In 1827 Mendelssohn's only opera, Die Hochzeit des Camacho (The Marriage of Camacho), based on Cervantes' Don Quixote, was presented in Berlin. It was not successful, owing in part to the machinations of Gasparo Spontini, who had earlier tried to prevent its production. More successful was the Octet for Strings, one of Mendelssohn's freshest and most original works. The same year he became acquainted with Anton Thibaut, a professor of law and a gifted amateur writer on music who was concerned with revitalizing interest in old church music. Through him, Mendelssohn came to know the masterpieces of Renaissance and early baroque choral music. For some years he also attended the University of Berlin but kept on with his flow of compositions. In 1828 appeared the Goethe-inspired overture Calm Sea and Prosperous Voyage.
On March 11, 1829, a great musical event occurred: Mendelssohn conducted the Singakademie in the first complete performance of Johann Sebastian Bach's St. Matthew Passion since the composer's death. The work was a huge success, and the performance was of decisive importance to all subsequent German composers for it marked the beginning of the revival of Bach's works.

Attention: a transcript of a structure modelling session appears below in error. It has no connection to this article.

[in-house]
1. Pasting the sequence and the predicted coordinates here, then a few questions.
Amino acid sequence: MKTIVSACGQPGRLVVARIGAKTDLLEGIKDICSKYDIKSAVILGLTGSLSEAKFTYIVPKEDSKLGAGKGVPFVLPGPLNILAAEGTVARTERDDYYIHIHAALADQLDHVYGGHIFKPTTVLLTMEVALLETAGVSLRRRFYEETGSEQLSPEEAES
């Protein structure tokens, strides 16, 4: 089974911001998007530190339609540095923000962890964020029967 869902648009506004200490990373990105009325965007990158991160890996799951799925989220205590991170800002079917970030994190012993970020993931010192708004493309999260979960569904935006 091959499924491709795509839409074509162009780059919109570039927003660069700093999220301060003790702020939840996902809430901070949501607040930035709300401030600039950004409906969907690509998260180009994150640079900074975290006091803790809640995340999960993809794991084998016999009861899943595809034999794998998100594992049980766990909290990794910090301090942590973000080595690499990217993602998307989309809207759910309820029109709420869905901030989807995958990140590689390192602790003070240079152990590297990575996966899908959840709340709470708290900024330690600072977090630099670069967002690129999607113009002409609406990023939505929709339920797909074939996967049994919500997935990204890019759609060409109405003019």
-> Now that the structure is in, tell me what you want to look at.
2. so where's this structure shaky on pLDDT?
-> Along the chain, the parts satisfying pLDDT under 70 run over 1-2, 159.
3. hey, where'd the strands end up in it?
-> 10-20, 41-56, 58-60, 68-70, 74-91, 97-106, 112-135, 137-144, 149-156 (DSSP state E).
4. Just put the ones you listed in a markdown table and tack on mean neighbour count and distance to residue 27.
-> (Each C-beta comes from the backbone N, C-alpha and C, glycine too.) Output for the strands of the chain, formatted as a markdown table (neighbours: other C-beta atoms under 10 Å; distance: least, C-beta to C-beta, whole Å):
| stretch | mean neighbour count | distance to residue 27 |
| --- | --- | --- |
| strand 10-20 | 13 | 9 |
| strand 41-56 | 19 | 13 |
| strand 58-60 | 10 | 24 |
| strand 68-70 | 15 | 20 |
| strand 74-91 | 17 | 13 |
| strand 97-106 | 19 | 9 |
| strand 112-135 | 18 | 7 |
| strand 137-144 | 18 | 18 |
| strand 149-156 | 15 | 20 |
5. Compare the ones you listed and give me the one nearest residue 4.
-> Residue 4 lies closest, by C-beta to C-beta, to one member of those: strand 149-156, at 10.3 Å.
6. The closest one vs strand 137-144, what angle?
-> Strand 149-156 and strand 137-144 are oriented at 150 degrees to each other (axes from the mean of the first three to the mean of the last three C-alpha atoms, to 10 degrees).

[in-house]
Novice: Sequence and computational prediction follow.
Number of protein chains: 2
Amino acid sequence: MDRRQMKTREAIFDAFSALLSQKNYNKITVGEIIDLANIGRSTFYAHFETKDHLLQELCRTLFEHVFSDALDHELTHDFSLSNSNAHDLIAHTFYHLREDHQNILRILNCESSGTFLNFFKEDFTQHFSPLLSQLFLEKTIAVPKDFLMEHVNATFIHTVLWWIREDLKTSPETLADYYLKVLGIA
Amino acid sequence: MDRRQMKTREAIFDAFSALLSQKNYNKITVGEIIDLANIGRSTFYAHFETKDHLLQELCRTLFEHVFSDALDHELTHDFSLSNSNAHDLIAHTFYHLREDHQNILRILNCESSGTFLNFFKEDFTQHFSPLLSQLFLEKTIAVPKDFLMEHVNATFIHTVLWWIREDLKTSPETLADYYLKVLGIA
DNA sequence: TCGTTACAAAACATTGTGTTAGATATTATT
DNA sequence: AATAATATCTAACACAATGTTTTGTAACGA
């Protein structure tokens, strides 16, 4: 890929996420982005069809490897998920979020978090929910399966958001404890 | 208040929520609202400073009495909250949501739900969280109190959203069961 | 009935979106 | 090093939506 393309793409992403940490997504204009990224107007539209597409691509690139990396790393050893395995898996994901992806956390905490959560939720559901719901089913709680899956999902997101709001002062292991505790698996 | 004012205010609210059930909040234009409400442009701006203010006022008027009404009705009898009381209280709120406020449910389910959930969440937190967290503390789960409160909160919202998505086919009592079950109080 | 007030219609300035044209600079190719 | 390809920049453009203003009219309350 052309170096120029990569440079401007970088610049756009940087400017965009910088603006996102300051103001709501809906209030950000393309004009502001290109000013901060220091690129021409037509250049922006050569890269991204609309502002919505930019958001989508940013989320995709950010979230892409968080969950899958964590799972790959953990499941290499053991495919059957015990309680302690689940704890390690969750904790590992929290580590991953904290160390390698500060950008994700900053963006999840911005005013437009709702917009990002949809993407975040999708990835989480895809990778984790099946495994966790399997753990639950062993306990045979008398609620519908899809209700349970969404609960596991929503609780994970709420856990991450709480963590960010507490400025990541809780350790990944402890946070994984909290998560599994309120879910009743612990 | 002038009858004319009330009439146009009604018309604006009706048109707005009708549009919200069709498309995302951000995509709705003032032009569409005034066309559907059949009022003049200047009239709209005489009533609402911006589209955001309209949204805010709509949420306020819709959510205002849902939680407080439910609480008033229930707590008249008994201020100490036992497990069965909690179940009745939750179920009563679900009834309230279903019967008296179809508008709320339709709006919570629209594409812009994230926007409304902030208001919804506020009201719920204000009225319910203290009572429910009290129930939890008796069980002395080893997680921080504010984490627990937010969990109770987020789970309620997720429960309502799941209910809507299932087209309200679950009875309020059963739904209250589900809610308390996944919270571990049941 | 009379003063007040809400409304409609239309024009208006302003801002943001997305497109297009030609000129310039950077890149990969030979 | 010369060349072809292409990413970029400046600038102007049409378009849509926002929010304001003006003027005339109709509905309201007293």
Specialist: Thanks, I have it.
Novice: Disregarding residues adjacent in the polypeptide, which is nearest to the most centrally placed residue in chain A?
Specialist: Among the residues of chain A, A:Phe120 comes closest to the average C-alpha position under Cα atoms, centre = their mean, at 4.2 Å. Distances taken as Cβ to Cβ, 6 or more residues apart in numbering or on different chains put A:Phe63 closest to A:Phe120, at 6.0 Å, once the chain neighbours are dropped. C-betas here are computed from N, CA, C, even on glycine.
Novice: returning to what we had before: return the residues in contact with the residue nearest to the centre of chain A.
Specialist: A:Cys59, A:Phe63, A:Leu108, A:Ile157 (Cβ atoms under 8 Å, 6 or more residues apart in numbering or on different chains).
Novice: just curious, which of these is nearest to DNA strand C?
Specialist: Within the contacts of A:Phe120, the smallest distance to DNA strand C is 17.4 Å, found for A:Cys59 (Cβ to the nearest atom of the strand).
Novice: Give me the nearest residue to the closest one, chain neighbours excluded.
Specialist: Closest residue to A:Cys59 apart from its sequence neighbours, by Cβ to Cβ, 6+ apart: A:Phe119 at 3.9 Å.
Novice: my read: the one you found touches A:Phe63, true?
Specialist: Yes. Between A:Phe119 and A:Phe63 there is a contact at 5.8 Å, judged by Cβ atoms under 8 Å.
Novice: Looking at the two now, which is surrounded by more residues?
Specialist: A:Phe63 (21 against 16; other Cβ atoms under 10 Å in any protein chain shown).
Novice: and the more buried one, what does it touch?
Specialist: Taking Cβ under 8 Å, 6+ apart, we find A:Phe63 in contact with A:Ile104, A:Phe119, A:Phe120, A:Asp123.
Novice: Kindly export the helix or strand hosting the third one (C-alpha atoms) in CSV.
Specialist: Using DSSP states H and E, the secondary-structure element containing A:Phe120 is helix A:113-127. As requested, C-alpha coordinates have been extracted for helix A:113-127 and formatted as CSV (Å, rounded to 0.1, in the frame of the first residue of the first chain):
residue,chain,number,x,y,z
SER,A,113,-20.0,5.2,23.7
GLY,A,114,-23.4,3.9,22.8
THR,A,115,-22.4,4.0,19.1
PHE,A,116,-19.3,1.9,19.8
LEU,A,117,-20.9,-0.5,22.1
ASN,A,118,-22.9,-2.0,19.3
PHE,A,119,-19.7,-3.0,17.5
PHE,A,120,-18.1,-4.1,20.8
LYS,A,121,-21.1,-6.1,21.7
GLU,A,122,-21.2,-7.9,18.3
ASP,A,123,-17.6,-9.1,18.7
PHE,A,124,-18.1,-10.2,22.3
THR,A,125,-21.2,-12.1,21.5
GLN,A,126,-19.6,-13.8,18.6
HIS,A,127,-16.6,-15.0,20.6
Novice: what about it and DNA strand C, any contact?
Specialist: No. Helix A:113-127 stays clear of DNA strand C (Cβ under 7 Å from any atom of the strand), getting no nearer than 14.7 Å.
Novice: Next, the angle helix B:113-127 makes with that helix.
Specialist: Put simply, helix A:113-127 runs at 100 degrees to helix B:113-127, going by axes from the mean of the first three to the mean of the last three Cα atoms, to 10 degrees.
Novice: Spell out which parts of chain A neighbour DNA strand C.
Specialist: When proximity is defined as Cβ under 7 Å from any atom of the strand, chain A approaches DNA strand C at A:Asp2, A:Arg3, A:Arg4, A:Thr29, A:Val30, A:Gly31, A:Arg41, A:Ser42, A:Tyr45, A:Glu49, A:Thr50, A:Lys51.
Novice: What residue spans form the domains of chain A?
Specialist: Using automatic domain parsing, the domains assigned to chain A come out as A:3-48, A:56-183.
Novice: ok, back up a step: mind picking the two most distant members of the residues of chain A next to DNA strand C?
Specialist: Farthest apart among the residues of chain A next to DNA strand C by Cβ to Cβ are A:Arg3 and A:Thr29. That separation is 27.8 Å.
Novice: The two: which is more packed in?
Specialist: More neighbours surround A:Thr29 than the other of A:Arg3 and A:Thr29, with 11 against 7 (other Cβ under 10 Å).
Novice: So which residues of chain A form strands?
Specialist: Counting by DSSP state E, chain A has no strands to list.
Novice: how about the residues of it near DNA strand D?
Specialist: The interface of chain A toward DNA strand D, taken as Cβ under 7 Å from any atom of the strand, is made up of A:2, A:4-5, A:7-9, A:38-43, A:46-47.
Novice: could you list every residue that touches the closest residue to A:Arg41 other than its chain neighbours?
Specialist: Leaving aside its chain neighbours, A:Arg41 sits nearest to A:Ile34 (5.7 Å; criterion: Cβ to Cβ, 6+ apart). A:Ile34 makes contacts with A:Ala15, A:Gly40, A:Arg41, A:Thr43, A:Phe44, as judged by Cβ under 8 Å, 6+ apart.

Later that year Mendelssohn visited England, where he conducted a concert of the Philharmonic Society. He took a long trip through Scotland, where he sketched the now famous Hebrides, or Fingal's Cave, Overture. On his return to Berlin he was offered the post of professor of music at the university but turned it down.
After writing the Reformation Symphony (1830) Mendelssohn began a series of visits to various European cities that lasted for almost 3 years. After a short stay with Goethe at Weimar, Mendelssohn went to Rome. Both the Scottish and the Italian Symphonies were begun in Italy. In the autumn he returned to Germany and played his newly composed Piano Concerto in G Minor in Munich. In 1832 he left for London, where he conducted the Hebrides Overture and the Piano Concerto in G Minor with great acclaim. That same year his first book of Songs without Words (Lieder ohne Worte) was published.
On Mendelssohn's return to Berlin he tried to succeed Zelter at the Singakademie but was passed over. In 1833 he was made conductor of the Lower Rhine Music Festival in Düsseldorf, where he annually presented both new and old works otherwise rarely heard. As a result of his success with the festival, he was appointed general musical director in Düsseldorf later that year. He also produced the Schöne Melusine Overture and the beginning of his oratorio St. Paul.